Thursday, December 10, 2009

Mugwort Chicken Salad


In early November I completed the first year of my herbal apprenticeship. I can't believe a year has gone by already! I remember having the germ of the idea while standing in my room at Newbold House in August of 2008 (in Scotland).  So much has happened since then. 

Mugwort and Me
As part of the apprenticeship, we all chose plant allies to work with.  Mine was Mugwort (Artemisia Vulgaris).  Mugwort has been very magical for me.  The first medicine I ever made was mugwort oil. Since then I have meditated with her and made many other medicines such as tincture and salves.

Some Fun Facts about Mugwort
*According to Botanical.com “In the Middle Ages, the plant was known as Cingulum Sancti Johannis, it being believed that John the Baptist wore a girdle of it in the wilderness. There were many superstitions connected with it: it was believed to preserve the wayfarer from fatigue, sunstroke, wild beasts and evil spirits generally: a crown made from its sprays was worn on St. John’s Eve to gain security from evil possession, and in Holland and Germany one of its names is St. John’s Plant, because of the belief, that if gathered on St. John’s Eve it gave protection against diseases and misfortunes.”

*Aids with Dream recall

*Helps relieve inflammation, such as arthritis pain

*It's a wonderful ally to women for cramps

*IT WAS USED TO FLAVOR BEER!

-----------------------------------------------

 For my final project, I created a recipe!

The following was inspired by a "woman's" tea recipe that I found:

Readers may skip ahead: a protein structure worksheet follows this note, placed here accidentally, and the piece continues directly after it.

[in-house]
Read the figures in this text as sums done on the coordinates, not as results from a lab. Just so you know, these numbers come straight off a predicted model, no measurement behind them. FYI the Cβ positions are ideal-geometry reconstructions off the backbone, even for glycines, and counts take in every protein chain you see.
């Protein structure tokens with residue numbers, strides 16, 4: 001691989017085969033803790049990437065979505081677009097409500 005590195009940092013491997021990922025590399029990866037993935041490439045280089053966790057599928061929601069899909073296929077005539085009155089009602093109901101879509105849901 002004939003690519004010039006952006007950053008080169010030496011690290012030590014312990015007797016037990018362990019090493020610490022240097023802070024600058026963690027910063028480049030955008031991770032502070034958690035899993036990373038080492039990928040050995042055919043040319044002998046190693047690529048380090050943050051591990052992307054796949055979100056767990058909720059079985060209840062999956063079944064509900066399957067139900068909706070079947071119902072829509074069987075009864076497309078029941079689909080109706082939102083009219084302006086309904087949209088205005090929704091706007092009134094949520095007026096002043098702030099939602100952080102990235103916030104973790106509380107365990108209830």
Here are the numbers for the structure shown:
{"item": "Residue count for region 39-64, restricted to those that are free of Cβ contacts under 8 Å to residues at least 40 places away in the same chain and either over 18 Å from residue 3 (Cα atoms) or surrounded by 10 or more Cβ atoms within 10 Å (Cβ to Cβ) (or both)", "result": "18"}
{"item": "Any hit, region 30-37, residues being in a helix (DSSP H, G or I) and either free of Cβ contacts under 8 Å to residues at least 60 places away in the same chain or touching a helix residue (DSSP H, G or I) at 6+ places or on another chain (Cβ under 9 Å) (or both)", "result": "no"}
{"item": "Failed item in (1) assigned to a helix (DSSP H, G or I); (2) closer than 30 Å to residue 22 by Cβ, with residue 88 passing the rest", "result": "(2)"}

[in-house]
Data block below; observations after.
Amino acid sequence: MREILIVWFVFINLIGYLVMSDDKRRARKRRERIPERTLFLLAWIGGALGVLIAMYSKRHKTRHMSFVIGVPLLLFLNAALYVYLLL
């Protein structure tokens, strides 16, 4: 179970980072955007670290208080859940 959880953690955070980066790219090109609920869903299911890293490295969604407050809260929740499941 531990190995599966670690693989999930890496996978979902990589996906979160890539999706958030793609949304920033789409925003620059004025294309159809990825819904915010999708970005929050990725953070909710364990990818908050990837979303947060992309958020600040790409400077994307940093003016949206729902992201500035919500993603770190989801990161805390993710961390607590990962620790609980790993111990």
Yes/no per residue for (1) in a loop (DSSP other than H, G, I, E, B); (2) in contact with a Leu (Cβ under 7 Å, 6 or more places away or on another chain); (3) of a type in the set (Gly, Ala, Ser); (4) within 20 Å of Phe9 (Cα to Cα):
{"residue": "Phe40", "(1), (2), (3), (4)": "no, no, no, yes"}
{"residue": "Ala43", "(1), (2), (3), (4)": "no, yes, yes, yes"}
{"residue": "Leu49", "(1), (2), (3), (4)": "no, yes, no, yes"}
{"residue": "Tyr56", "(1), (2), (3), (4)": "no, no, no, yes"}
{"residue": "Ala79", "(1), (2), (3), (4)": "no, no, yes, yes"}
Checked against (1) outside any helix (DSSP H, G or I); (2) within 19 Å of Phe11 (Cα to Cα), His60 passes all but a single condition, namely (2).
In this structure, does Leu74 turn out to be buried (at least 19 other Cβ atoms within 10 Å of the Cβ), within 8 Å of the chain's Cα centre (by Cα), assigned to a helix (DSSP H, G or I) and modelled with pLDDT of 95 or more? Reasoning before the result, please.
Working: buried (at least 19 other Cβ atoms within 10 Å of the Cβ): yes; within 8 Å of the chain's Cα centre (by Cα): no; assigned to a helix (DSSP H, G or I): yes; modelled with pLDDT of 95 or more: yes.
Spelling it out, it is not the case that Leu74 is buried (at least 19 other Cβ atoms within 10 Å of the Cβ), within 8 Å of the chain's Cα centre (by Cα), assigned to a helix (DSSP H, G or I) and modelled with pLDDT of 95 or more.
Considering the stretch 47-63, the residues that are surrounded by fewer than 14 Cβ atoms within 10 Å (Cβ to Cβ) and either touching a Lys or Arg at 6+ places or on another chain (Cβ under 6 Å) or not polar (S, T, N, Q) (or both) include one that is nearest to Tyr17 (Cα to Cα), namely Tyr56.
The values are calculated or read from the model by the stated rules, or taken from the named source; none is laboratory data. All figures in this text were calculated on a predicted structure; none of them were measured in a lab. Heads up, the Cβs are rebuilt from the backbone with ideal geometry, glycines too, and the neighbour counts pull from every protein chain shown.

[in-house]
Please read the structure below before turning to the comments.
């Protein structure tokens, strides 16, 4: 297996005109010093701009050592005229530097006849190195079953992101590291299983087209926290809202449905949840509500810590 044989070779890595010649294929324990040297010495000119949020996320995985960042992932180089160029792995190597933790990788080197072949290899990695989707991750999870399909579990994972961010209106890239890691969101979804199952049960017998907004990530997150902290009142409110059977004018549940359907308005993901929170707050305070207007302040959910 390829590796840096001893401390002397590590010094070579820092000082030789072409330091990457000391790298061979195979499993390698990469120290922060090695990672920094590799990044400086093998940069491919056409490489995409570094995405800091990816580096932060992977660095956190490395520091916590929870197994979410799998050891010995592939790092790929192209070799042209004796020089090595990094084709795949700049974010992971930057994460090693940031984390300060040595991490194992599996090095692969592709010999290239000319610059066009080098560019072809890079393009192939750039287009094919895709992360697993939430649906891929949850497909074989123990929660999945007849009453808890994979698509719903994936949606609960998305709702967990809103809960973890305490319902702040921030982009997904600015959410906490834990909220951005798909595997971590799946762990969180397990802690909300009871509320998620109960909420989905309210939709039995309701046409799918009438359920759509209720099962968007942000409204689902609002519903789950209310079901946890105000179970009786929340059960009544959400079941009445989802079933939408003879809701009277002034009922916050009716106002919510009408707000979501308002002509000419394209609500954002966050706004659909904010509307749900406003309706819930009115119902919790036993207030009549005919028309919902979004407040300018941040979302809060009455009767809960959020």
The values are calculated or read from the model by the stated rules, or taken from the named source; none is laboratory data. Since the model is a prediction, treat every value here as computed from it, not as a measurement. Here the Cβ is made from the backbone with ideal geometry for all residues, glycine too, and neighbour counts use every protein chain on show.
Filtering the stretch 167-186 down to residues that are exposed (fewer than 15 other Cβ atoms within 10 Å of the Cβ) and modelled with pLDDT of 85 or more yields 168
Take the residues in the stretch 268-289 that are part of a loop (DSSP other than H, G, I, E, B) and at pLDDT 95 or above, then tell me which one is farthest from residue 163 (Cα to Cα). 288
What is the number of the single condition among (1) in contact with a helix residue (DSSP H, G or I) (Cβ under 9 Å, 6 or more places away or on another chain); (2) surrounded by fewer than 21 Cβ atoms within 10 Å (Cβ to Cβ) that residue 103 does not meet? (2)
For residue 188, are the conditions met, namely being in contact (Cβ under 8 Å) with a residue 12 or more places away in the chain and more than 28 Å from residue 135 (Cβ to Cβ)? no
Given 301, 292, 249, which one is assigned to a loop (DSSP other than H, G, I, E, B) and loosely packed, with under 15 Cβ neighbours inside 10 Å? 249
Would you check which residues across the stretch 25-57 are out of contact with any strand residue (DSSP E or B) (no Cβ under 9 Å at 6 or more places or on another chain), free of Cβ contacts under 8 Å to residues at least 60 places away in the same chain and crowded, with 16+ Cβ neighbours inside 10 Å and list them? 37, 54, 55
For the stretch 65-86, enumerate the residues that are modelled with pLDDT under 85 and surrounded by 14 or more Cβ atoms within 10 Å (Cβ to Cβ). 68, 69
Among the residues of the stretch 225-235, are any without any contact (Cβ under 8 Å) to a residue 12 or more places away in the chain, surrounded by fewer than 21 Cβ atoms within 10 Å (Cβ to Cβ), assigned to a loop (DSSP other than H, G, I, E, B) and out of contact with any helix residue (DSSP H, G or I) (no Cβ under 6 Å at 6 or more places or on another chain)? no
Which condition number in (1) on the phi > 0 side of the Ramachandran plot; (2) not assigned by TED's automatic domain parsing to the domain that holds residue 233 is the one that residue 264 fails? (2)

2 green apples
1.5 lbs chicken breast (no antibiotics, etc)
1 cup chopped dates
1 cup chopped walnuts
Powdered Mugwort
1 lemon
Walnut Oil
Sea Salt
Ginger



Brown the chicken breast in walnut oil, Celtic sea salt and powdered mugwort. I had harvested and dried my own, but you can buy powdered mugwort in Japanese markets.



While the chicken is cooling, chop the apple and tossed the pieces with some lemon juice (about 1/4 cup).



Mix the apple with the chopped dates


 

Pan toast the walnuts with a touch of honey and salt



Mix it all together with a little more salt, a little fresh grated ginger, and a dash of dried ginger. Dress it with a little more honey and walnut oil.



Mugwort is very useful in helping with digestion...which is why I decided pairing it with ginger would be lovely (since ginger also helps with the tummy).

This plant has become my fellow traveler. I took her with me to Scotland in tincture and salve form as well as in a little luck charm. I'm so excited to keep learning and growing with her!

XO

1 comment:

Sadie said...

Yeah! What beautiful pictures and your mugwort chick salad was delicious. I'm going to powder some mugwort and try cooking with it.

Sadie